One Jump Ahead pp 334-363 | Cite as

Dissension Among the Ranks

  • Jonathan Schaeffer


The match was over, and now it was time to get on with the rest of my life. But I couldn’t. The realization that we had come so close haunted me. If we hadn’t lost game eighteen, then maybe the match would have been all even going into game thirty-nine. We wouldn’t have fiddled with the program, and the loss in game thirty-nine wouldn’t have occurred (without the changes we made to Chinook, the correct d2-c3 would have been played instead of the d4-e5 loser). Instead of desperately trying for a win, the match would have been all even with two games to play. We came that close to holding the Terrible Tinsley to a drawn match. It all came down to game eighteen and the sudden change in fortunes for both sides.


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  1. 1.
    Tom Landry, in “Silicon Graphics World Draughts Championship,” the daily bulletins of the 1992 world man-machine checkers championship.Google Scholar
  2. 2.
    “The Mechanical Grandmaster,” Economist, August 29, 1992. ,Google Scholar
  3. 3.
    Tony Buzan and Barry Buzan, The Mind Map Book, BBC Books, London, 1993, p. 285.Google Scholar
  4. 4.
    CNN interview, shown on October 10, 1992.Google Scholar
  5. 5.
    Once the databases were complete, I had Chinook analyze that game. As it turned out, the program had the right answer in 1992, but possibly for the wrong reason.Google Scholar
  6. 6.
    Peter Jansen, my friend from my Carnegie Mellon days, did his thesis on this topic. He created a chess endgame program that tried to trick the opponent into a mistake. Peter did an excellent piece of work, but the implementation overhead of his ideas has prevented them from finding their way into strong programs. See Peter’s Ph.D. thesis: Using Knowledge About the Opponent in Game-Tree Search, School of Computer Science, Carnegie Mellon University, 1992.Google Scholar
  7. 7.
    Rob Lake, personal communication, February 1, 1996.Google Scholar
  8. 8.
    Unfortunately, 1992 was the last year for this event. To David Levy: it was a great idea; please resurrect it.Google Scholar
  9. 9.
    Before the match, I tried to see whether we could automate the Colossus-Chinook games. I wanted to write a program that transmitted the moves between the two, eliminating all human intervention. That way we could have the programs play each other twenty-four hours a day. Unfortunately, the differences in the computer operating systems, UNIX and Microsoft Windows, made this difficult to do on short notice. Today, many computer-only tournaments have been automated so that the games are played without any human assistance.Google Scholar
  10. 10.
    I had completely forgotten about this anecdote until Martin Bryant wrote me about it, August 5, 1996.Google Scholar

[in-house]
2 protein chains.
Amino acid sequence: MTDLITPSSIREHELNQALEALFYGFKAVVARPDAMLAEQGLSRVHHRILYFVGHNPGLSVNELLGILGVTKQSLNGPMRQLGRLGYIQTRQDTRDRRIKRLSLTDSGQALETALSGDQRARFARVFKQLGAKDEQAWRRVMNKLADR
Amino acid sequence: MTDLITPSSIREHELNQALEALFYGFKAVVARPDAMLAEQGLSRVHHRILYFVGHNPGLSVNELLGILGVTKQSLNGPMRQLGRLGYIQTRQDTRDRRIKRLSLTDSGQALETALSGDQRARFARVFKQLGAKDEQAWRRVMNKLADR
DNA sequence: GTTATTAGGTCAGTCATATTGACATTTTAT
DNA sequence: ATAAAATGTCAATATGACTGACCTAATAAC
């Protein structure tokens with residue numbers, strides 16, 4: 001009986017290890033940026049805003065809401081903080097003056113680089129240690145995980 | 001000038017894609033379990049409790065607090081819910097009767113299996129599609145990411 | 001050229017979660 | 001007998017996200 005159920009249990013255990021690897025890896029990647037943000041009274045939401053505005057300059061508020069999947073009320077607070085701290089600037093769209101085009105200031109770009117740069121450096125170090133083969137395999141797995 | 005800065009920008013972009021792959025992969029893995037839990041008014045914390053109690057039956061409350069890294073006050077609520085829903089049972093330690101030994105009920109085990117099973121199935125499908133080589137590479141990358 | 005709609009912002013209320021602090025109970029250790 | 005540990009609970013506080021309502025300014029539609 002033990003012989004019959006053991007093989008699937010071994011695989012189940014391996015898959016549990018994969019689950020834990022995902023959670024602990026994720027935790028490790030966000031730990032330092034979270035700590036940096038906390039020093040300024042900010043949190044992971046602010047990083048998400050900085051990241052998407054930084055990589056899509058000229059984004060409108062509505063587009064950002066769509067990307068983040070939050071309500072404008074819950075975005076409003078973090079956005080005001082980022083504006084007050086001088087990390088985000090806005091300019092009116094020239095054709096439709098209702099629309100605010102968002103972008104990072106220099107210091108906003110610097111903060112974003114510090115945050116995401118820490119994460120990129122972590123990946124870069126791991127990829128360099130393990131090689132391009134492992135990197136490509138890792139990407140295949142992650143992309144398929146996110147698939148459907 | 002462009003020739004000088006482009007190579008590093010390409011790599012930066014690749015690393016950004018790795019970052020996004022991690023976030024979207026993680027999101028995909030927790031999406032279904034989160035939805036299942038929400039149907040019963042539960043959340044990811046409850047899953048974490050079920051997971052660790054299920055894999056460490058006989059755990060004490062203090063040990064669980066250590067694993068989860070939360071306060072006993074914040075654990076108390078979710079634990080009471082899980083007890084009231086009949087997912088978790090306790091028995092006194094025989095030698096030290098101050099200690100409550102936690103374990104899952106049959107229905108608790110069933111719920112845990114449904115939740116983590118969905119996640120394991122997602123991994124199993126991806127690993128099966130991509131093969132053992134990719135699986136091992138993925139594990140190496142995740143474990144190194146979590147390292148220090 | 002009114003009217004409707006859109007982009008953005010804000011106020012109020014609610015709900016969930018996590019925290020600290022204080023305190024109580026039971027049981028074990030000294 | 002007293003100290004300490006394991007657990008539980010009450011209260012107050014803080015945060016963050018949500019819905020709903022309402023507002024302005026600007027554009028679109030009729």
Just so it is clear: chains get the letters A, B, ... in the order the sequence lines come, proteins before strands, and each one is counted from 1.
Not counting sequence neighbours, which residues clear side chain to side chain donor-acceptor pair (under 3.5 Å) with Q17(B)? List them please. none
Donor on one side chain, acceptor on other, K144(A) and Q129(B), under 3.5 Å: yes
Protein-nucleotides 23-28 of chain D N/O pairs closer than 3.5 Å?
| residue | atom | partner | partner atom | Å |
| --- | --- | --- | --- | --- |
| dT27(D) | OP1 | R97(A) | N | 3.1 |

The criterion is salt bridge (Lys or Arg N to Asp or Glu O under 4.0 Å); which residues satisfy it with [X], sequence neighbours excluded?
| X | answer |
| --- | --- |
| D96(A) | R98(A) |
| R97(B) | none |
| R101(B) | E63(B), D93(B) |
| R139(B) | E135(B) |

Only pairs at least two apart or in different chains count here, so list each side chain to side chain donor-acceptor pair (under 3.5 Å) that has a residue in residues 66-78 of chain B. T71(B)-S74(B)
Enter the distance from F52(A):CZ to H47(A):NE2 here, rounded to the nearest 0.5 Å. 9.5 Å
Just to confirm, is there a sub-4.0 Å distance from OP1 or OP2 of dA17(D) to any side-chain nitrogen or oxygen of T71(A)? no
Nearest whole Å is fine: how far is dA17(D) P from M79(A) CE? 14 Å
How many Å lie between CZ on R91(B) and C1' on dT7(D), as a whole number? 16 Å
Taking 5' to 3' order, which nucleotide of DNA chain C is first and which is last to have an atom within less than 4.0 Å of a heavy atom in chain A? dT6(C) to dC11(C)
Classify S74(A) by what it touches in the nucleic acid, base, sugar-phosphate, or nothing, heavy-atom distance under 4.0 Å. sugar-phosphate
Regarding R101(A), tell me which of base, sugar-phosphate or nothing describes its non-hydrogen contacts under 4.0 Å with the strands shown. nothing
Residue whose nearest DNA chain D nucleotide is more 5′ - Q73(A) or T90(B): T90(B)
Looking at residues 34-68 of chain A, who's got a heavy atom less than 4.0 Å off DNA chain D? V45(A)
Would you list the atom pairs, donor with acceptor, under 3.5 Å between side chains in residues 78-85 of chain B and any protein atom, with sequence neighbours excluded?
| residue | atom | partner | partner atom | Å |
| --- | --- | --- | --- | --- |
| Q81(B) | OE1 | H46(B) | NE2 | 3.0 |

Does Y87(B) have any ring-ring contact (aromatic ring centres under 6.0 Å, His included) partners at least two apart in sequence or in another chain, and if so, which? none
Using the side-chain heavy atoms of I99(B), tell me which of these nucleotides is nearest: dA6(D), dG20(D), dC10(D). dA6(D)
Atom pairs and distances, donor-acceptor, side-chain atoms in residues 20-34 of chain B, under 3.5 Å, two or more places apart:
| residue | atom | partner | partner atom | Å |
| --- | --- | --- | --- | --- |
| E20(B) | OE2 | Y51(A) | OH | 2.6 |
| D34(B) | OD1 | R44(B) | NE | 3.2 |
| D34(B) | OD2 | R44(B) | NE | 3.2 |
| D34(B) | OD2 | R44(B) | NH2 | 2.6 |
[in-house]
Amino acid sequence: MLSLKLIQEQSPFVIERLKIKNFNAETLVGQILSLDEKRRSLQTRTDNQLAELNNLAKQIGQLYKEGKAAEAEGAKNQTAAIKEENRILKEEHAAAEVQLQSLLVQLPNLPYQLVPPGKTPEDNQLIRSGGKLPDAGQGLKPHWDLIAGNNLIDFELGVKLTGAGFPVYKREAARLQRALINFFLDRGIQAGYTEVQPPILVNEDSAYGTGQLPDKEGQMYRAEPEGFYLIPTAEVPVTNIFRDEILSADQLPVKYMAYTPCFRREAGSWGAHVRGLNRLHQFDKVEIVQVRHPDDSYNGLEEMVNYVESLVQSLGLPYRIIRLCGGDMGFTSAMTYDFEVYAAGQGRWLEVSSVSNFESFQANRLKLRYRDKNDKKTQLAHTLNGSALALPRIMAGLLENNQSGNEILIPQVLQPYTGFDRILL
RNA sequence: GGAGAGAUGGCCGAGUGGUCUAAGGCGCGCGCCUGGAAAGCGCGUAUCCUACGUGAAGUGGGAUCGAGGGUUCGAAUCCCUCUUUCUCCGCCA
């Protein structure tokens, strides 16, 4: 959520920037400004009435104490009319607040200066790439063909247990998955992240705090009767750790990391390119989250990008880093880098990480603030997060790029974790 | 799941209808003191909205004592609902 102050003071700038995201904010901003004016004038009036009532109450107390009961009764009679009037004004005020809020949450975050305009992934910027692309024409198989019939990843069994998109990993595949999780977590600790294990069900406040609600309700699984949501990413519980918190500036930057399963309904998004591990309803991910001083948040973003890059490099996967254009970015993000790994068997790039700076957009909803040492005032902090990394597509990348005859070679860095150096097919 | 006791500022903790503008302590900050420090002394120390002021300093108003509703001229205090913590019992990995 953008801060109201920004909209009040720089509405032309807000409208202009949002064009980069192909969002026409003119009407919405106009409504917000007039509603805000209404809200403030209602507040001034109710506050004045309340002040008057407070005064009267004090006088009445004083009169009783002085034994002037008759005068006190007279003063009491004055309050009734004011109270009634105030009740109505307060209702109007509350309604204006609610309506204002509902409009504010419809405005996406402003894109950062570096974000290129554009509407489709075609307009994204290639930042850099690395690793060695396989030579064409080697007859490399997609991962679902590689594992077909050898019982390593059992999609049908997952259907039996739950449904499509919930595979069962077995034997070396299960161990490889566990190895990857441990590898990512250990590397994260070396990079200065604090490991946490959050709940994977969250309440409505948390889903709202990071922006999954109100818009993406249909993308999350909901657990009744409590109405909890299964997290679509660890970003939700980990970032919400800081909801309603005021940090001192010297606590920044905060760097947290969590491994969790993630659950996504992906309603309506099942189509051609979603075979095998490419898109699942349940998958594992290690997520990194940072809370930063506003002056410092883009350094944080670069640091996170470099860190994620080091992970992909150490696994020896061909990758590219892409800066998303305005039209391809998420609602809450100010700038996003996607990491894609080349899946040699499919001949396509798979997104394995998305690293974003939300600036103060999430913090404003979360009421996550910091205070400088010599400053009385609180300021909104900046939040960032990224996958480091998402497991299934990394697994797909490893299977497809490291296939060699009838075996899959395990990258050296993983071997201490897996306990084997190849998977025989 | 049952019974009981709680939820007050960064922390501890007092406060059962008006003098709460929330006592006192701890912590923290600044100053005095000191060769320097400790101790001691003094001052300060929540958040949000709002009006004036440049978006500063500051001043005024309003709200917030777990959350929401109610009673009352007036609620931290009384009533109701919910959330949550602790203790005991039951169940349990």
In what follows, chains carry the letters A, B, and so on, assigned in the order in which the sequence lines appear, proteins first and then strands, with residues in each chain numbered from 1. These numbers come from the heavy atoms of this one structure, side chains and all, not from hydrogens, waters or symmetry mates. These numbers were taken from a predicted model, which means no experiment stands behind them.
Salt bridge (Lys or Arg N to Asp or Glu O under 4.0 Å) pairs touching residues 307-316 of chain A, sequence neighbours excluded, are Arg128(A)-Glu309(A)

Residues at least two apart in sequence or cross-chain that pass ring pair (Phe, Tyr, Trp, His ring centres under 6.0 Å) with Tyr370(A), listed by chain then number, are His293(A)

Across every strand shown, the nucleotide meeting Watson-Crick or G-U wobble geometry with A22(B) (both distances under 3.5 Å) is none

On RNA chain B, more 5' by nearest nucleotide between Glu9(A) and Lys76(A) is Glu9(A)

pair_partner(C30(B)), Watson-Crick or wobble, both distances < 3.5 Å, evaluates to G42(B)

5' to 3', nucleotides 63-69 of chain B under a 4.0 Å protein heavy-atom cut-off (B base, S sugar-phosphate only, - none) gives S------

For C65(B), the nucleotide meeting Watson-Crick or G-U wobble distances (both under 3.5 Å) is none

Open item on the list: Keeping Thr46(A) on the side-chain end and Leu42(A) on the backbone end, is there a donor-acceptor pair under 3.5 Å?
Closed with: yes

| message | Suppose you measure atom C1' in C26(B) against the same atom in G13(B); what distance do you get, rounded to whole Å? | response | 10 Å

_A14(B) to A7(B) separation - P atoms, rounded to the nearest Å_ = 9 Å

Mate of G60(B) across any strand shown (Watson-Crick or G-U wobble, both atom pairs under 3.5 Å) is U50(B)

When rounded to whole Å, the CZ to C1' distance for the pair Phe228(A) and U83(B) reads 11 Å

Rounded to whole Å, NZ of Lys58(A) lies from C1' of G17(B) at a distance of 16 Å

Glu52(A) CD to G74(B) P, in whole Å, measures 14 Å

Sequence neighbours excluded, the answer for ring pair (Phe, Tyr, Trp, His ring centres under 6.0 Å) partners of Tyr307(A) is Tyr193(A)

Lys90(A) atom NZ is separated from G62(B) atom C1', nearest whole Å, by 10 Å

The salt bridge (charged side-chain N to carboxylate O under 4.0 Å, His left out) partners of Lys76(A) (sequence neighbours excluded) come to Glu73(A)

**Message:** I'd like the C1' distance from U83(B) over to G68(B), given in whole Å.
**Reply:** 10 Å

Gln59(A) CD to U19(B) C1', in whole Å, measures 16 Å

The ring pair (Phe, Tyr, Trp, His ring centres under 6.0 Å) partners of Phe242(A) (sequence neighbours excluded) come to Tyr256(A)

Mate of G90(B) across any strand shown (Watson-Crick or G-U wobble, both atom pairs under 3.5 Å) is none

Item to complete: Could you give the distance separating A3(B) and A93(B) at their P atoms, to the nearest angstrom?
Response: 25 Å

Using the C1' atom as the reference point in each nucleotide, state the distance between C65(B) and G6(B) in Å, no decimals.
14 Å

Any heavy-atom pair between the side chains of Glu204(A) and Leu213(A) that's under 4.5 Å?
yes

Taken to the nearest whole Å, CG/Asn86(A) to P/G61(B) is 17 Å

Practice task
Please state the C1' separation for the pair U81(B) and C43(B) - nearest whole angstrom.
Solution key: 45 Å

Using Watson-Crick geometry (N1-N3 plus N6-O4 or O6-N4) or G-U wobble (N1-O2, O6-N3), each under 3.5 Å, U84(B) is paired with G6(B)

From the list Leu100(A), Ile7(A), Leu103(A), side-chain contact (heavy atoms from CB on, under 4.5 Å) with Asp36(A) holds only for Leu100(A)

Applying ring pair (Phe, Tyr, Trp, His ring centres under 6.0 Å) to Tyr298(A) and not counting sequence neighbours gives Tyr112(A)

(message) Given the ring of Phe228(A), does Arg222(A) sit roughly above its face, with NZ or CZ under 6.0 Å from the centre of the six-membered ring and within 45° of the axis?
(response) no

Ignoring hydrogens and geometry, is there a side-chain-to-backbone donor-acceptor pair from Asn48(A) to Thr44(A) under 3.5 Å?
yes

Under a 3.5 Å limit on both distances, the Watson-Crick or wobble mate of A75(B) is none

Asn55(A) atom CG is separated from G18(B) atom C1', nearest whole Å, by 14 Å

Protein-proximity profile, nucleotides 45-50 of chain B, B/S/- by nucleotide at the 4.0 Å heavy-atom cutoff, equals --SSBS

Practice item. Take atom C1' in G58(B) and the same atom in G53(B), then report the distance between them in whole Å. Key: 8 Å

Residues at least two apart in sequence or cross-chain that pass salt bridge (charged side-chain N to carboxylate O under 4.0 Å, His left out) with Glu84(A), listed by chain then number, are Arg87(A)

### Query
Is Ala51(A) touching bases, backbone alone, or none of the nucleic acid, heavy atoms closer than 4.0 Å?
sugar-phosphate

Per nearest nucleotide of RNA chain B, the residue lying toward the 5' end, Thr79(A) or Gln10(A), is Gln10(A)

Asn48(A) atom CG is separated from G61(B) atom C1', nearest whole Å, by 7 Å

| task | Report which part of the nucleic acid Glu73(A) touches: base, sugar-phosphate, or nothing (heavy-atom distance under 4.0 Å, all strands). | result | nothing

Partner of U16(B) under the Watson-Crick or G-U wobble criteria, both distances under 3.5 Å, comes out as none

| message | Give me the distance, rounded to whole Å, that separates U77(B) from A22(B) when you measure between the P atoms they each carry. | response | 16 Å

11. 11.
    The dogs are named Caissa (after the mythical goddess of chess) and Casanova (because of his attitude towards female dogs). We have two cats as well, Mischief and Mistake, so named because I felt it was a mistake to get them since they would cause a lot of mischief. In 1994 we added another cat, Miscellaneous. All the animals look forward to the rewards that they get when Chinook wins a game and when the Edmonton Oilers hockey team wins a playoff game (unfortunately, a rare occurrence these days).Google Scholar
  12. 12.
    The following few pages are almost all e-mail messages. I felt that it was necessary to express people’s opinions in their own words so that there could be no misrepresentations.Google Scholar
  13. 13.
    E-mail sent on August 10, 1993.Google Scholar
  14. 14.
    E-mail sent on August 11, 1993.Google Scholar
  15. 15.
    E-mail sent on August 15, 1993.Google Scholar
  16. 16.
    E-mail sent on August 15, 1993.Google Scholar
  17. 17.
    E-mail sent on August 15, 1993.Google Scholar
  18. 18.
    After the book decision, Norm kept in touch with us and followed Chinook’s progress. However, he stopped working on the project.Google Scholar
  19. 19.
    Of interest is that this is the opposite of what we see in chess. Chess programs do better against human opponents with faster time controls (such as speed chess, five minutes a side). In checkers, because of the ever-present danger of traps that require a deep search to uncover, I felt that the program performed better against humans given slower time controls.Google Scholar
  20. 20.
    Yes, the same Limburg as in Limburger cheese. Without a doubt, Limburger cheese is the foulest-smelling cheese I’ve ever had the “privilege” of sampling. It must be an acquired taste—there’s no other rational explanation for sacrificing one sense (smell) for another (taste). In 1996, the university renamed itself as the University of Maastricht.Google Scholar

Copyright information

© Springer Science+Business Media New York 1997

Authors and Affiliations

  • Jonathan Schaeffer
    • 1
  1. 1.Department of Computing ScienceUniversity of AlbertaEdmontonCanada

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